Degree of difficulty:
MEDIUM TO HIGH (processing crabs is messy work).
Will do again?
YES, when the stars align (ie right price, right time, right mood). Certainly tasted good, and at a fraction of restaurant prices.
“They’re all male….but they’re A-grade males!” That was Chris’s emphatic answer to my gender question.
I did a double-take at my Burwood fishmonger’s. His live mud crabs were making eyes at me while waving their feelers in a come-hither way. A well-priced $21.99/kg and – crucially – still very frisky.
Choosing fleshy crabs
I pressed my nose against the glass, all the better to see whether the pincers had a pitted and mottled surface and worn molars. Never mind that these were eggless males; were their pincers filled with meat (yay) or air/water (boo)?
My father taught me to look out for a battle-scarred shell. Those are signs of use, meaning that the crab has had its shell for some time and is more likely to have grown fleshy inside. Weighing the crab won’t necessarily help as water is heavy too.
These boys passed the test. Either they had lived in their shells for a decent length of time, or they’d lived a short but untrammelled life of aggression in them. I went home with a cable-tied, paper-wrapped pair of mud crabs.
So an official SINGAPORE CHILLI CRAB DAY was declared in our household.
My 9-year-old daughter watched as MOTH (Man of the House), ahem, processed the crabs. She didn’t flinch. She listened as he explained that all meat we eat comes from an animal that must be killed. She understood but was unfazed (cue relief), and remained keen to sample the dish.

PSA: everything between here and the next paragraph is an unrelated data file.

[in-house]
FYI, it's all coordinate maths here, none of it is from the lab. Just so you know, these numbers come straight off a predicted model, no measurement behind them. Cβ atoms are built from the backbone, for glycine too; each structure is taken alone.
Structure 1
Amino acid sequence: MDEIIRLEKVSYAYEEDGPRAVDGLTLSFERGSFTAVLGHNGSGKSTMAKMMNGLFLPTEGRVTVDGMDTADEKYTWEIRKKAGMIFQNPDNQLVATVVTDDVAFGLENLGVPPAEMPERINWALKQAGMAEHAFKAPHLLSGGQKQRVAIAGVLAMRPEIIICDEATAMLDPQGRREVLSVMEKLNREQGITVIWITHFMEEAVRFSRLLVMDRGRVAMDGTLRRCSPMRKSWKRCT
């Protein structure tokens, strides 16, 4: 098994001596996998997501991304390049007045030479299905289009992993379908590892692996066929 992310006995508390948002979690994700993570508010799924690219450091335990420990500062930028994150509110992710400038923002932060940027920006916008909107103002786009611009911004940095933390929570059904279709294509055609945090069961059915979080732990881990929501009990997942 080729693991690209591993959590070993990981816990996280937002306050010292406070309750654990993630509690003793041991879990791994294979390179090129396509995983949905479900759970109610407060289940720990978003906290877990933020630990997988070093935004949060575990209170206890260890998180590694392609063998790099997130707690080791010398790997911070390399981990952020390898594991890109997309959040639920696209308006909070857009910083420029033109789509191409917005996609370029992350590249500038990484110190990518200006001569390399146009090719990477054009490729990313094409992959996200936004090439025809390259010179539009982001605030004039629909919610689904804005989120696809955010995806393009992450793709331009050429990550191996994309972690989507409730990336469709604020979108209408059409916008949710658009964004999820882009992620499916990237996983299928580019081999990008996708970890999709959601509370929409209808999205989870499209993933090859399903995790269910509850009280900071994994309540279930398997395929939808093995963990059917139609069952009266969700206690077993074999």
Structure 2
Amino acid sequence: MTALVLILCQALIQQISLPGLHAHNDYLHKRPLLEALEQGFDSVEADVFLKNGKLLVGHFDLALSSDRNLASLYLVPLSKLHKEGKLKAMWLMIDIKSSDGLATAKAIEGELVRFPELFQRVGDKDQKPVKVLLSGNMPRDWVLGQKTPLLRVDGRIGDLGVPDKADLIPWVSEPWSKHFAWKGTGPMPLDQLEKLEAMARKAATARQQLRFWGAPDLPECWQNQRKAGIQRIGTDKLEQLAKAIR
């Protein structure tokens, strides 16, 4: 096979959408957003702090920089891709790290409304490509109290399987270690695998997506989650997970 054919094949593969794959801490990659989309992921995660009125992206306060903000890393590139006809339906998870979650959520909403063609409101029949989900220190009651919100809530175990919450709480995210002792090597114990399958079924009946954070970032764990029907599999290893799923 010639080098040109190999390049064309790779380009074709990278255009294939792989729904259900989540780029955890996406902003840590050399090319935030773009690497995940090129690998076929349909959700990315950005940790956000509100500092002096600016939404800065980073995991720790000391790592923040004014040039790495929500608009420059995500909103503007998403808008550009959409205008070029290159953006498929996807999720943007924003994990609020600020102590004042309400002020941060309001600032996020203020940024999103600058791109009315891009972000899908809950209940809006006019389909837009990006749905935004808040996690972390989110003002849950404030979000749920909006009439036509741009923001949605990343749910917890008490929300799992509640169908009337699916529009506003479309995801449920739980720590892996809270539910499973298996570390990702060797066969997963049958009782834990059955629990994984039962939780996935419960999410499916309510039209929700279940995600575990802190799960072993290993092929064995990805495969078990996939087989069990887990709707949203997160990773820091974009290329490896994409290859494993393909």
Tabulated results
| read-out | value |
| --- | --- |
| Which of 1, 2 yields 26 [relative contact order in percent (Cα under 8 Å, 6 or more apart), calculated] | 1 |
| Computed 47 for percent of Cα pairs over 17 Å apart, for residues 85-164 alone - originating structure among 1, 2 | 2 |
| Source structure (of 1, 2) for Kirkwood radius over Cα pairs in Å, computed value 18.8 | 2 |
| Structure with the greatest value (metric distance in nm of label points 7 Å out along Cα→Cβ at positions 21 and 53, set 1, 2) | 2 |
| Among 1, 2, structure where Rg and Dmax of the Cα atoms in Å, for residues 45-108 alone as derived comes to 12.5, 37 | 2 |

“Starve while eating.”
That’s a Korean saying. I relate to it well. It applies to eating labour-intensive, low-yield foods like crabs, or perhaps a very seedy custard apple. I’m notoriously slow when it comes to eating crabs. MOTH thinks I’m a joke. Possibly because I try to keep 7 fingers clean (my philosophy: always leave one non-greasy hand in case the phone rings or children need attention), and I dig out the flesh with a pointy chopstick instead of cracking my tooth enamel on the shell.
It was my daughter’s first time eating a piece of crab with shell. We used to give her shell-less morsels of flesh, but were rather too engrossed in our own eating on this occasion. So we handed her a pincer and told her to go at it with all her fingers. She did an admirably comprehensive job, even managing to extract – intact – that tenderest, sweetest sliver of wobbly flesh from the sharp ends of the pincer.
Having enjoyed her first pincer, my daughter asked for another. She proceeded to remove all bits of shell, ending up with a delectable pile of crab meat and sauce on her plate of rice. But less than halfway through it, she announced that she was full! Well! Guess who got to hoover up her freshly picked crab meat?
And I thought it’d be a good 15 years before my children would de-shell crab for me to eat.
I checked not 1 but 5 chilli crab recipes. The souring agent is always tomato sauce, sometimes with tamarind and vinegar added.
My PPP (Pure Peranakan Pal), who has been cooking all sorts of complicated nonya dishes since he was 12, resolutely refuses to thicken his chilli crab sauce with cornflour. He relies only on beaten eggs, and I took a leaf out of his book.
Invariably, there was much more sauce than crab. The next day, I bought some jewfish cutlets from my trusty fishmonger, and simmered it in the leftover sauce. The finely-textured, soft flesh of the jewfish worked a treat with the punchy sauce.
Ahh, chilli crab. Truly a dish that keeps on giving.
You’ll notice this blog post doesn’t contain a recipe. That’s because all Making Makan posts are for the casually curious, and just for kicks, not for serious instruction. More about this on the Making Makan: Fun Pics, Not Recipes post.
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